Why London could be facing tier 3 lockdown restrictions

The Government has been told they must consider placing London in Tier 3 restrictions by scientists.

Around three quarters of the 32 boroughs have seen a rise in cases up until December 4, particularly among secondary school-age children.

But keeping schools open is the "number one priority," Professor Paul Hunter, from the University of East Anglia, told Radio 4.

"I would put protecting our children's education as the number one priority, above the need to control Covid, because the damage from inadequate education and disruption from their education is something that could last for our children’s lives," he said.

Mass testing is to be rolled out in schools across the capital, as ministers launched a last ditch effort to avoid closures, the Telegraph can reveal.

Tiers will be reviewed on Dec 16 and London Mayor Sadiq Khan said that unless people stuck to the rules, “tougher restrictions” could be imposed.

Under the current system, a move to Tier 3 would not automatically close schools. 

A senior Whitehall source said no decision had yet been made, but warned that cases were expected to continue to rise due to the impact of people shopping and eating out after the second national lockdown.

The Prime Minister acknowledged London's high Covid-19 case rate, which is now the second worst in the country, during a visit to St Guy's Hospital on December 8 (see video below).

He said that the roll-out of the Pfizer vaccine would "gradually make a huge, huge difference”, but added "we’re not there yet" and "we can't afford to relax now".

Industry leaders in the hospitality sector have warned that 150,000 jobs could be lost in hotels, pubs and restaurants if the capital is moved into the top tier.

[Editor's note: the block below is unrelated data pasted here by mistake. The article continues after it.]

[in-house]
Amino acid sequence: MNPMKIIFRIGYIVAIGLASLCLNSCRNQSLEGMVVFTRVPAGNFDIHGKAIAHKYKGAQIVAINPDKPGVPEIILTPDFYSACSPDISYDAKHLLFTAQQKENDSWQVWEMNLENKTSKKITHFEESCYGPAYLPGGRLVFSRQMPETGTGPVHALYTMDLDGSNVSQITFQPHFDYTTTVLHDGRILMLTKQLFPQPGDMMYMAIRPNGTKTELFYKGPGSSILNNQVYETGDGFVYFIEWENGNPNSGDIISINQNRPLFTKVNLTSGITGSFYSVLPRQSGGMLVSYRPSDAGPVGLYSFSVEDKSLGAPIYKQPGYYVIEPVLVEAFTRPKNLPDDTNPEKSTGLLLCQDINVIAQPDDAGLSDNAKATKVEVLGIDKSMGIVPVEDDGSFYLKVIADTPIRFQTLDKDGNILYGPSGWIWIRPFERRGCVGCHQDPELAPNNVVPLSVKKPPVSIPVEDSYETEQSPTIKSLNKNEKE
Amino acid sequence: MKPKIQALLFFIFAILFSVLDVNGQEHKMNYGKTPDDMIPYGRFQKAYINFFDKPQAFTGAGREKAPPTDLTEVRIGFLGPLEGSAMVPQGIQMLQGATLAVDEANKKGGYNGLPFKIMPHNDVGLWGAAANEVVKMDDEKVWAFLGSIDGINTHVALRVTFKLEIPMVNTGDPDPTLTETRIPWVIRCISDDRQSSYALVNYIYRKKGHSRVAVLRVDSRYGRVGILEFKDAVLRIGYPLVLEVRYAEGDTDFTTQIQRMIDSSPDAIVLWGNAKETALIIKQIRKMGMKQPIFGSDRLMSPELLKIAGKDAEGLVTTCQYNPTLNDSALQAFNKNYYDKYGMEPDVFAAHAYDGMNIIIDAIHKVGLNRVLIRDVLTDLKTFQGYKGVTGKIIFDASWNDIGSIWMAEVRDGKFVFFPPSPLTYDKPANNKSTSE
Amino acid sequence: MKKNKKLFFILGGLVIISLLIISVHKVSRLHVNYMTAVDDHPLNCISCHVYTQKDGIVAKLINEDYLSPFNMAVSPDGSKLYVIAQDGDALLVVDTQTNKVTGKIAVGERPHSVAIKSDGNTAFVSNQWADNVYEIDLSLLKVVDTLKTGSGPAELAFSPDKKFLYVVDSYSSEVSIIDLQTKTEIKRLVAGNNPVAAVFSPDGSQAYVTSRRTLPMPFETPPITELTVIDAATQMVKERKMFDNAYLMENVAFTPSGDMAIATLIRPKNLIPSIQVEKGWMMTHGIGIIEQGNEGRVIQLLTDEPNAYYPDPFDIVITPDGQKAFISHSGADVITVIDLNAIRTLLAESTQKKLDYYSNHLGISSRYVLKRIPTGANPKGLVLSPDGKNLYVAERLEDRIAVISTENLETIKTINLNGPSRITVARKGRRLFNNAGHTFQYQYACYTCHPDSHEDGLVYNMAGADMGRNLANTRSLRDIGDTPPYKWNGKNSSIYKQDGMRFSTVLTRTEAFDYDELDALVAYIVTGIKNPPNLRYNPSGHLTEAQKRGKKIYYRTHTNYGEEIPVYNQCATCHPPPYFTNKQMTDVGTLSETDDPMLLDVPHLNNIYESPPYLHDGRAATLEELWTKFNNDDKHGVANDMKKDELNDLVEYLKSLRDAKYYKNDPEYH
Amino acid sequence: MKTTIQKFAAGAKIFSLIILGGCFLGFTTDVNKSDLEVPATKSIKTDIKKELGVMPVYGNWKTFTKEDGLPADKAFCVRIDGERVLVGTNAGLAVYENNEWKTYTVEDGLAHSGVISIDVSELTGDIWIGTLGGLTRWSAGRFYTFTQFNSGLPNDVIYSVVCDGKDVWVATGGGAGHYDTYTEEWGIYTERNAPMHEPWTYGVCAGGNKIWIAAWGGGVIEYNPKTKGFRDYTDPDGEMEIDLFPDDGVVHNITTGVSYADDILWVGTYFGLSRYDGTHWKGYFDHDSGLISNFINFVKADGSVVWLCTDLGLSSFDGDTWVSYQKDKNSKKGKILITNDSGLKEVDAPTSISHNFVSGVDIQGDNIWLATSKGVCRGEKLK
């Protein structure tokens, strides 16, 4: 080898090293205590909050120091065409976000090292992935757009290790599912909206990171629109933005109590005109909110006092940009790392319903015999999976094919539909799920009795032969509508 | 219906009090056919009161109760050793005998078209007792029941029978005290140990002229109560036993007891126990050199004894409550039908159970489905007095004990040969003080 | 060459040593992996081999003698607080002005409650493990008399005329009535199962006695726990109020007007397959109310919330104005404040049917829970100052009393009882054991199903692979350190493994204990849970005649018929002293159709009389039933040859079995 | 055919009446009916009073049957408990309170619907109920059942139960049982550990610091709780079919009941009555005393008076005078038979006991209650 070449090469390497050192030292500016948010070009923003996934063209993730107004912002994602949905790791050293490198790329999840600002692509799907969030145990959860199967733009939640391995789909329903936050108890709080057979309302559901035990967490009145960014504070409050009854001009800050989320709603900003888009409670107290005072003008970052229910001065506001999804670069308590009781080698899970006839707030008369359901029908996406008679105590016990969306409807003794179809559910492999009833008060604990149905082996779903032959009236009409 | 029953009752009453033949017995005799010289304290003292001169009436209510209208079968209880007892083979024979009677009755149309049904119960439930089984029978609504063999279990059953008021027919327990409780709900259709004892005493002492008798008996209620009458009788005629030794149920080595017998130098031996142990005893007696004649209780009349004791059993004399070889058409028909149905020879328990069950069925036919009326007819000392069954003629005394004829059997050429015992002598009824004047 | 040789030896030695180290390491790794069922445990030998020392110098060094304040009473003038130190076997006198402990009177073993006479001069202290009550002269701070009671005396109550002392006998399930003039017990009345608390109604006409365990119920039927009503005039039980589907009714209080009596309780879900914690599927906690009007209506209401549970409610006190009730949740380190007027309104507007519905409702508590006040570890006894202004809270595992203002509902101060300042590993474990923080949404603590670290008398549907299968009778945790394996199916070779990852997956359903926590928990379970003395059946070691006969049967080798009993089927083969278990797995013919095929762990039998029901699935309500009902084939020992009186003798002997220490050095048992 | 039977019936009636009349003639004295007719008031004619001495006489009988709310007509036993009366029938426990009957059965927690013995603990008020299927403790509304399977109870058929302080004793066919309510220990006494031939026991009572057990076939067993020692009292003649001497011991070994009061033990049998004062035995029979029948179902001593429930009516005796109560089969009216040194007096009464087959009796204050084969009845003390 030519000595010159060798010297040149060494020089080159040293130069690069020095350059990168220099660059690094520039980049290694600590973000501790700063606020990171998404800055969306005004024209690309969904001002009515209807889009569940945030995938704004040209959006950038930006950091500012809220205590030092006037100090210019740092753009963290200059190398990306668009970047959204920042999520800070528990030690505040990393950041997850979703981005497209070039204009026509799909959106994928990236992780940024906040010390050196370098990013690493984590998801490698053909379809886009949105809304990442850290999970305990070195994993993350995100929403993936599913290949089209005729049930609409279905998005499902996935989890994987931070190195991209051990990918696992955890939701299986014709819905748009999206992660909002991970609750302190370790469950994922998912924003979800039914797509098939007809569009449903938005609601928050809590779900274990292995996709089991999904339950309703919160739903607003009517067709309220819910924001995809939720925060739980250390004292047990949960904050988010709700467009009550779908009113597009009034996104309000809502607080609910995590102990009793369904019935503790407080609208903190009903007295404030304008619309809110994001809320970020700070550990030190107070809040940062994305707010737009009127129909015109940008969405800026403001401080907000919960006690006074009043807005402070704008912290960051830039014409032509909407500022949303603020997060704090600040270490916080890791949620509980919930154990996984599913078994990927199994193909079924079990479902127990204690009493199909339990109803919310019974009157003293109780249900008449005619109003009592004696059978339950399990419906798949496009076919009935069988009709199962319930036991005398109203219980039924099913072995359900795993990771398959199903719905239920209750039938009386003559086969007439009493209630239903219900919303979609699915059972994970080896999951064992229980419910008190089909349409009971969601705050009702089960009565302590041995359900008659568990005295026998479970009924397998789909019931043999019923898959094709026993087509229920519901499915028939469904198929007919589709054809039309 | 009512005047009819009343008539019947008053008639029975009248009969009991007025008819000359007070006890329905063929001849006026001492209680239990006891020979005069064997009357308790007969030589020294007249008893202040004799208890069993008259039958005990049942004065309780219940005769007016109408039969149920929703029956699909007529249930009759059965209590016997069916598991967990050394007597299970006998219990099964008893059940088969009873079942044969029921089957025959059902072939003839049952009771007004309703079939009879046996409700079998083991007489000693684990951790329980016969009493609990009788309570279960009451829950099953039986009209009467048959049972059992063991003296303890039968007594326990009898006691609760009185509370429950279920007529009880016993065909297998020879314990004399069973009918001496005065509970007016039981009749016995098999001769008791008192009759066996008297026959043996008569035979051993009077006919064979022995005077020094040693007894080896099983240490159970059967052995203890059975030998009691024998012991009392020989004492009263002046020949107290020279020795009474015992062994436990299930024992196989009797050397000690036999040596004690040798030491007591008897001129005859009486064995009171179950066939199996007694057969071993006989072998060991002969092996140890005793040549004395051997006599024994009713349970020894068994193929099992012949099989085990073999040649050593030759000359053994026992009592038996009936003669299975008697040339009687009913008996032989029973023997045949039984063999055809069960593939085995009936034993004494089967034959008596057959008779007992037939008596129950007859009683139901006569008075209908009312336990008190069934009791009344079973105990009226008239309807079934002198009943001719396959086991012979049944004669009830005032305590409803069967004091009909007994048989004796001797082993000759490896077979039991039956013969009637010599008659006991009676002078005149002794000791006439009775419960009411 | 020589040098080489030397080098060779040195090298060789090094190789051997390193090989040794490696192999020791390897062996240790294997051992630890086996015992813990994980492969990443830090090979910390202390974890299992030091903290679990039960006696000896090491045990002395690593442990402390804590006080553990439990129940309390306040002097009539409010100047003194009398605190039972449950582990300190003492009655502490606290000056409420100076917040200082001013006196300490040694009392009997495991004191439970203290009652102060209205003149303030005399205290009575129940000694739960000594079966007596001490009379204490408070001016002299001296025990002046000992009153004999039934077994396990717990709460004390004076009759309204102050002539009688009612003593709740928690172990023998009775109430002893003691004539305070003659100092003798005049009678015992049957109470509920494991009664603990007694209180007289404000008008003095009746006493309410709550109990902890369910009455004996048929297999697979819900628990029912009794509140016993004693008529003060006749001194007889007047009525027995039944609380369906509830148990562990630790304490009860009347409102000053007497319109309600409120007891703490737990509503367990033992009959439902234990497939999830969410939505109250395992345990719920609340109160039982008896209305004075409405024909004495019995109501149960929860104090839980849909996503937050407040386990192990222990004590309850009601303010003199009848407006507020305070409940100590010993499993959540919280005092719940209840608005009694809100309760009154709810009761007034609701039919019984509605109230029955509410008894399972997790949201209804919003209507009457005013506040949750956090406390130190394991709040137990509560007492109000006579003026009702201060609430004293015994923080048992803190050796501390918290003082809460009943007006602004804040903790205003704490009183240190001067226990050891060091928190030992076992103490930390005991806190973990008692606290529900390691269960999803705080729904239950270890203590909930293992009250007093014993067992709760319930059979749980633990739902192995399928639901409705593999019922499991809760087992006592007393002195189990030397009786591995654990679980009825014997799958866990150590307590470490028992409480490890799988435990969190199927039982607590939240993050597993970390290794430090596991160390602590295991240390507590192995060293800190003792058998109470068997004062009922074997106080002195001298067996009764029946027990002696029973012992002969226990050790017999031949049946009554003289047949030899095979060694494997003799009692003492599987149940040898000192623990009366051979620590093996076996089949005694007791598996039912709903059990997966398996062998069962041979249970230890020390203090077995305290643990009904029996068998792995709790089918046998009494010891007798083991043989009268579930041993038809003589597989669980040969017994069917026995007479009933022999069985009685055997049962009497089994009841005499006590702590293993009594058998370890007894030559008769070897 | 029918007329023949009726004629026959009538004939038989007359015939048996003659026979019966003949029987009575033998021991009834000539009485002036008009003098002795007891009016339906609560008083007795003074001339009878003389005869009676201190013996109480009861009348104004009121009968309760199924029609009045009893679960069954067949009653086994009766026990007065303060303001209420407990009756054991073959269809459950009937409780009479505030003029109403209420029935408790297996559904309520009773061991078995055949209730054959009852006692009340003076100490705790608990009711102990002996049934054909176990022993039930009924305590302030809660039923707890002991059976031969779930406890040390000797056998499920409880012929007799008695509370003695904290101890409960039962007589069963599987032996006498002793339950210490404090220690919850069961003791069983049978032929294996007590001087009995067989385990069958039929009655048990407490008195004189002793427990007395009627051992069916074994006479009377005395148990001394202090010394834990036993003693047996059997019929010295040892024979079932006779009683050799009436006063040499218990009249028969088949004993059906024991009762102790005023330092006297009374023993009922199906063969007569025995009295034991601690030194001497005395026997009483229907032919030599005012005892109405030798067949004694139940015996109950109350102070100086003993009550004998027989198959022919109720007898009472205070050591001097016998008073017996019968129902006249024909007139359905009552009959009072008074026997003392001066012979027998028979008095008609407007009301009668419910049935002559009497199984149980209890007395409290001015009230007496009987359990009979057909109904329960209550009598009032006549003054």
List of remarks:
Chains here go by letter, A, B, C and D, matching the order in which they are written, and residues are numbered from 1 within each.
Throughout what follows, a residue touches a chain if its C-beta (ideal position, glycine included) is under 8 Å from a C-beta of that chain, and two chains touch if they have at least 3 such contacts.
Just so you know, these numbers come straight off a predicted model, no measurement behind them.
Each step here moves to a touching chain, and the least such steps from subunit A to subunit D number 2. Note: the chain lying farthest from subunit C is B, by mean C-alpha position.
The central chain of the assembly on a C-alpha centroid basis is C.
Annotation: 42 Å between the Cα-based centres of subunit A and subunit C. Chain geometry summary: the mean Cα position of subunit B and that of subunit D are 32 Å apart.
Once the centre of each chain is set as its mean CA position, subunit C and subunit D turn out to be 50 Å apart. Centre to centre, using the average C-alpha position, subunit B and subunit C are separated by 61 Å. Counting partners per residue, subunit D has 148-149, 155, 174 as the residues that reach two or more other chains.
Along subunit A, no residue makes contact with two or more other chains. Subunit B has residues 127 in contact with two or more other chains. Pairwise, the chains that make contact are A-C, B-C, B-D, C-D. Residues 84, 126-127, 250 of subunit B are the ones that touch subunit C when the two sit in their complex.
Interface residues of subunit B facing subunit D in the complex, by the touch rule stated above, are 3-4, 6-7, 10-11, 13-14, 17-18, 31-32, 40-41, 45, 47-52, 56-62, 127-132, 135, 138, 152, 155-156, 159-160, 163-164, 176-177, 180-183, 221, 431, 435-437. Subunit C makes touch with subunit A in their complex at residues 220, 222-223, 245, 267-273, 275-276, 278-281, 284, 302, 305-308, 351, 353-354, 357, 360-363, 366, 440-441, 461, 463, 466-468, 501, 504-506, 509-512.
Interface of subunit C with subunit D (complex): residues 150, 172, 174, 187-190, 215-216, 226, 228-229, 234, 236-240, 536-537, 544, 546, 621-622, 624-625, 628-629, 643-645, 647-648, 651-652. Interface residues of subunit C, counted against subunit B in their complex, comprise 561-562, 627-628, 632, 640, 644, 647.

Kate Nicholls, chief executive of UK Hospitality, said that imposing even stricter Tier 3 measures would deliver a “killer blow” to hundreds of businesses already struggling to survive.

Tier allocations were confirmed by Matt Hancock on November 26, with 99 percent of the country being placed under the top two levels: Tier 2 - "high", and Tier 3 - "very high". 

In a letter to Tory MPs, Boris Johnson said he would allow the House of Commons to vote on the three tier system in late January, saying the regulations "have a sunset of 3 February."

Use our postcode tool to find out which tier your area is in.

What tier is London in?

London went into Tier 2 on December 2, despite the fact that large swathes of the Midlands, North East and North West were placed in the most restrictive Tier 3.

The coronavirus case rate in the capital is now just behind the West Midlands, with more than 15,000 people testing positive in the past week, a rate of 169.6 per 100,000 people, up from 150.9 a month ago.

It means London is now higher than many of the Tier 3 areas, such as the North East where case rates have halved from 330.2 per 100,000 to 160.4 since the beginning of November.

As well as this, the capital is now recording more cases per day, for its size, than 45 per cent of the 61 authorities living under Tier 3, according to an analysis by MailOnline.

Across London as a whole, the case rate among the over 60s – a key metric for tier decisions – has risen from 110.3 per 100,000 in the week to November 26 to 122 per 100,000 up to December 3.

Could London be moved to Tier 3?

Scientists say the Government must consider tougher restrictions as 21 out of the 32 boroughs showed worrying rises in cases.

Professor Paul Hunter at the University of East Anglia said, “There were more cases at the end of lockdown than at the start in London.”